Date & Time: February 7, 2 p.m.
Location: NCCU Museum of Art
Description: The exhibit will run through April 23.

Lecture/ Video Presentation – “Reviewing A Colored School, A Narrative Film on Black Education, Self-Determination, and Pride: Parallels to the NCCU Traditional Experience”
Date & Time: February 8, 1 p.m.
Location: Edmonds Classroom Building, Room 207
Description: The event speaker will be Janice Dargan, visiting assistant professor, NCCU Department of English and Mass Communication.

Lecture – Lyceum Program Speaker Dr. Ben Carson
Date & Time: February 9, 3 p.m.
Location: McDougald – McLendon Gymnasium
Description: Dr. Ben Carson, director, Division of Pediatric Neurosurgery, The Johns Hopkins Hospital, will speak.

Lecture – “The Right Man: The Genealogy of James Edward Shepard, 1875– 1947”
Date & Time: February 10, 3 p.m.
Location: Edmonds Classroom Building, Room 203
Description: Historian Henry Lewis Suggs will speak.

Lecture – “Uncovering the Lost Papacy: The Three Black Popes”
Date & Time: February 11, 10:45 a.m.
Location: Edmonds Classroom Building, Room 207
Description: NCCU undergraduate student James Blackwell will speak.

Play – “Dance on Widow’s Row”
Date & Time: February 12, 13, 19 & 20, 8 p.m.
Location: Farrison Newton-Communications, University Theatre
Description: A Samm– Art Williams comedy, directed by NCCU visiting lecturer Ken Hinton, will be performed by NCCU’s Department of Theatre.

Lecture – “The History of Black Economic Empowerment”
Date & Time: February 15, 3 p.m.
Location: H.M. Michaux, Jr. School of Education, Auditorium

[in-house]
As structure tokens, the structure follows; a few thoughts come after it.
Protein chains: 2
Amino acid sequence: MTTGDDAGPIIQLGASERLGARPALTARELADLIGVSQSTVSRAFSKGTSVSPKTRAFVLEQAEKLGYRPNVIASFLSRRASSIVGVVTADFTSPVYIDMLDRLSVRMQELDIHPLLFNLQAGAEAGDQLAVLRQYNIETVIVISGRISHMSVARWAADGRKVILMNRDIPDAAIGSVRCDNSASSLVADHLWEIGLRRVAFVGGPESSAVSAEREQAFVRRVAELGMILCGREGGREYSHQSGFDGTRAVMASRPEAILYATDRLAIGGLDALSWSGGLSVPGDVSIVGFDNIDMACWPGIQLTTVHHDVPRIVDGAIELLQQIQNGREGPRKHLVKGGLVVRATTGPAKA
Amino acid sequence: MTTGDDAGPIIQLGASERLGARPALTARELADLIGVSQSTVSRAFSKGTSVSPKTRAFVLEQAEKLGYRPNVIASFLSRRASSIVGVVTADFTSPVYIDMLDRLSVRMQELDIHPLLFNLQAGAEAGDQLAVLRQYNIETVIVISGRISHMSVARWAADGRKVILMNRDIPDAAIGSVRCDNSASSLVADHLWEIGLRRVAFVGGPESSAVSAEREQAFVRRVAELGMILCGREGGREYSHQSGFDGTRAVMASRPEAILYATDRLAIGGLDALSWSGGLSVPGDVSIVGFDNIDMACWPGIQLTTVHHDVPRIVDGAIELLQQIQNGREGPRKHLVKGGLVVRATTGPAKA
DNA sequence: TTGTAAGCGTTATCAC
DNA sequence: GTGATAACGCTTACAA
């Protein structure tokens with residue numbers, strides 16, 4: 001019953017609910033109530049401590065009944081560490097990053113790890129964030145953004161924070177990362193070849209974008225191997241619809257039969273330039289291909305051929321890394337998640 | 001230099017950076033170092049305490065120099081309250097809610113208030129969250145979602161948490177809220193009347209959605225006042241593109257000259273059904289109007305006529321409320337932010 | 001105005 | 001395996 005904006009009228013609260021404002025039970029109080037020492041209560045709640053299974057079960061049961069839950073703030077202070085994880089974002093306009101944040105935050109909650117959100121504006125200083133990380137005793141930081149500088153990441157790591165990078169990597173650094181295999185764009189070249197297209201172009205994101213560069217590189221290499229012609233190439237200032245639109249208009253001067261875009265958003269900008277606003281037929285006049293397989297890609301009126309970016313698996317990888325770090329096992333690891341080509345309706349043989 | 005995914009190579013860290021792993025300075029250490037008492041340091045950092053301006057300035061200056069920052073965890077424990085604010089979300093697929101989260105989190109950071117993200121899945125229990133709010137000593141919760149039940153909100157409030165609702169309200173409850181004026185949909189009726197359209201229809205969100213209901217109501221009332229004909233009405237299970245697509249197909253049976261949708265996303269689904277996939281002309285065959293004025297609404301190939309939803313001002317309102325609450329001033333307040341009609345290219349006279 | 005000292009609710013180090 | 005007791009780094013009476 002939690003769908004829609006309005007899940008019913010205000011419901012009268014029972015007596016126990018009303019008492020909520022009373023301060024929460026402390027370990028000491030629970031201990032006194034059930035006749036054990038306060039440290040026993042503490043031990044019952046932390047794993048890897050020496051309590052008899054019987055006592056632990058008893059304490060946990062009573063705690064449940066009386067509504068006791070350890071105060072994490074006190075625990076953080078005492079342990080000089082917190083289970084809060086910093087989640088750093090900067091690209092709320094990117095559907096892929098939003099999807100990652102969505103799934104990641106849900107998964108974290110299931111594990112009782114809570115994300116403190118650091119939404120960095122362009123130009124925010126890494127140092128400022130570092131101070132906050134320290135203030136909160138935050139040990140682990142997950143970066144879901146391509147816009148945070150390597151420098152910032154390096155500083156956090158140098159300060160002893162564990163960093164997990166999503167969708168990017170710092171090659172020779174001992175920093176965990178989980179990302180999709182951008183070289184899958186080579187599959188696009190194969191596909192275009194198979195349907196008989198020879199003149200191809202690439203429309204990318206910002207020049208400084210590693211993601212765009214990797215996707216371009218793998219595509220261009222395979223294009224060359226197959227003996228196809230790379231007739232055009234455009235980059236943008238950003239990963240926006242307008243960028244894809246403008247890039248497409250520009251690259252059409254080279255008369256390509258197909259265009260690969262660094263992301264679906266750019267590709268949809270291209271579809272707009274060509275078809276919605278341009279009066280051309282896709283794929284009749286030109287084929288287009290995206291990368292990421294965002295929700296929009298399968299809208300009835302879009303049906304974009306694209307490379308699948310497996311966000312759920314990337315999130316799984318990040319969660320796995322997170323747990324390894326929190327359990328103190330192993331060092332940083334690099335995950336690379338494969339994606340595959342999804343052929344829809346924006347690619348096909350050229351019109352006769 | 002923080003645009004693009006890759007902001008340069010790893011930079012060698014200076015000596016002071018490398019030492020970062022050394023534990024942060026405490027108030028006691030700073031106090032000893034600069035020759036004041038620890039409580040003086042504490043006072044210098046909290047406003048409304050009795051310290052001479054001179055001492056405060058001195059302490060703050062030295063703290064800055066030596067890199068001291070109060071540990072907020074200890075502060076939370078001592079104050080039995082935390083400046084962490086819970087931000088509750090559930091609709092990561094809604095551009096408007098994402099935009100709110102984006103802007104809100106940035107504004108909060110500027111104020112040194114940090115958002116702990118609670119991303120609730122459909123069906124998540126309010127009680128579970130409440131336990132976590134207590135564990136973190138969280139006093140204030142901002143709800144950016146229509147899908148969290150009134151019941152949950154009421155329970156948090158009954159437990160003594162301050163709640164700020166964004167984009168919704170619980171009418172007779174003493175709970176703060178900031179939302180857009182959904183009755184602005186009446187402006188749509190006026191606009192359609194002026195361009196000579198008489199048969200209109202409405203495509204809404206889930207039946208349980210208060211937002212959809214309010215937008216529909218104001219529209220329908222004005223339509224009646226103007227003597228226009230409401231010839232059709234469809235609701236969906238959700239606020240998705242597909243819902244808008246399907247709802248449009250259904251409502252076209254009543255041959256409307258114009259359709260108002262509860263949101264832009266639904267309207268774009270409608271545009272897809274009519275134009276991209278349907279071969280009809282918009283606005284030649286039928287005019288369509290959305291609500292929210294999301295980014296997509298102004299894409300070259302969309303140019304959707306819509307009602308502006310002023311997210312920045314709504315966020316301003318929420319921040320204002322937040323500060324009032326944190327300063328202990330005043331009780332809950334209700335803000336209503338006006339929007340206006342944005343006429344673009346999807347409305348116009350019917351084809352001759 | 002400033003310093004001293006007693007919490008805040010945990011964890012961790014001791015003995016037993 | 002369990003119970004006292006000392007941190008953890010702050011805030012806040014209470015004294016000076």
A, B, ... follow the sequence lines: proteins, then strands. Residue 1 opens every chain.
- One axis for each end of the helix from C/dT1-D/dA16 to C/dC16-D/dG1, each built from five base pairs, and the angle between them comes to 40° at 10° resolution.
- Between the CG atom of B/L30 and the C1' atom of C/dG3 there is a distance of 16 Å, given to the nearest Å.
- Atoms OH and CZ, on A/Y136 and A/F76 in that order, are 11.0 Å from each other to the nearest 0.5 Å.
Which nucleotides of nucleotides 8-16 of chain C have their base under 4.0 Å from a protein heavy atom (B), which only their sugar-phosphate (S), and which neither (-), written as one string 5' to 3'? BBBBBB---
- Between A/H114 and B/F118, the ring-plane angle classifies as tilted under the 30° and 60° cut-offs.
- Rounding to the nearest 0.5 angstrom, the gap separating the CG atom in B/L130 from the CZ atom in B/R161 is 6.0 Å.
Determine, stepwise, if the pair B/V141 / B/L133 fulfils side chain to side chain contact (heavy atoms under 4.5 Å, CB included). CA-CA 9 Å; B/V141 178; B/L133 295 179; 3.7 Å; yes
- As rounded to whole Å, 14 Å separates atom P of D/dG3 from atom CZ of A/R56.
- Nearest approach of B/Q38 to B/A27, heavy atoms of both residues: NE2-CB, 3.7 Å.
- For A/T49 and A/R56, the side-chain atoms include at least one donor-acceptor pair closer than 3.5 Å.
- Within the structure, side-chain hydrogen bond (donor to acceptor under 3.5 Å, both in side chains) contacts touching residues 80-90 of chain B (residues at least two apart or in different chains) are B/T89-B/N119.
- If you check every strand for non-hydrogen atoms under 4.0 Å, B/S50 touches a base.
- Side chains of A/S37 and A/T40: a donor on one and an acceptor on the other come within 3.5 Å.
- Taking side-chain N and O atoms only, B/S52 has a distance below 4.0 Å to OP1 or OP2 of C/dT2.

Description: Glenn Harris, associate professor, University of North Carolina at Wilmington will offer this keynote address.

Presentation – “President Barack Obama: Identity and Dreams of My Father”
Date & Time: February 16, 6 p.m.
Location: Edmonds Classroom Building, Room 207
Description: Michael V. Taliefero, NCCU undergraduate student will speak.

Lecture – “NCCU’s Economic Impact on the Durham Community”
Date & Time: February 17, 3 p.m.
Location: C.T. Willis Commerce Building, Room 315
Description: Andrea Harris, president of N.C. Institute of Minority Economic Development, will speak.

Lecture – “Infected with Fear: White Supremacy in North Carolina Politics 1876– 1965”
Date & Time: February 17, 7 p.m.
Location: Edmonds Classroom Building, Room 201
Description: A.J. Donaldson, NCCU graduate student, will speak.

Film – “The Jackie Robinson Story”
Date & Time: February 18, 11 a.m.
Location: Edmonds Classroom Building, Room 205
Description: The NCCU Department of History will sponsor this event.

Lecture – “It is Deeper than Rap: ‘Caught the Jingle but not the Music,’ Gangsta Rap and Black Masculinity”
Date & Time: February 18, 1 p.m.
Location: Edmonds Classroom Building, Room 201 – B
Description: Brian Robinson, NCCU graduate student, will speak.

Seminar – “Somebody Had to do it: Children on the Front Lines of School Desegregation—Engaging HBCU Students as Researchers
Date & Time: February 19, 1 p.m.
Location: Alfonso Elder Student Union, Room 146 – 146A
Description: Paula Q. Hall, NCCU associate professor, and Millicent E. Brown, associate professor, Claflin University will speak.

Film – “Black Panthers and San Francisco State: On Strike”
Date & Time: February 22, 11 a.m.
Location: Edmonds Classroom Building, Room 205
Description: The NCCU Department of History will sponsor this event.

Lecture – “Grace Campbell: Cooperatives and Black Economic Empowerment”
Date & Time: February 23, 6 p.m.
Location: Edmonds Classroom Building, Room 201
Description: Lydia Lindsey, NCCU associate professor will speak.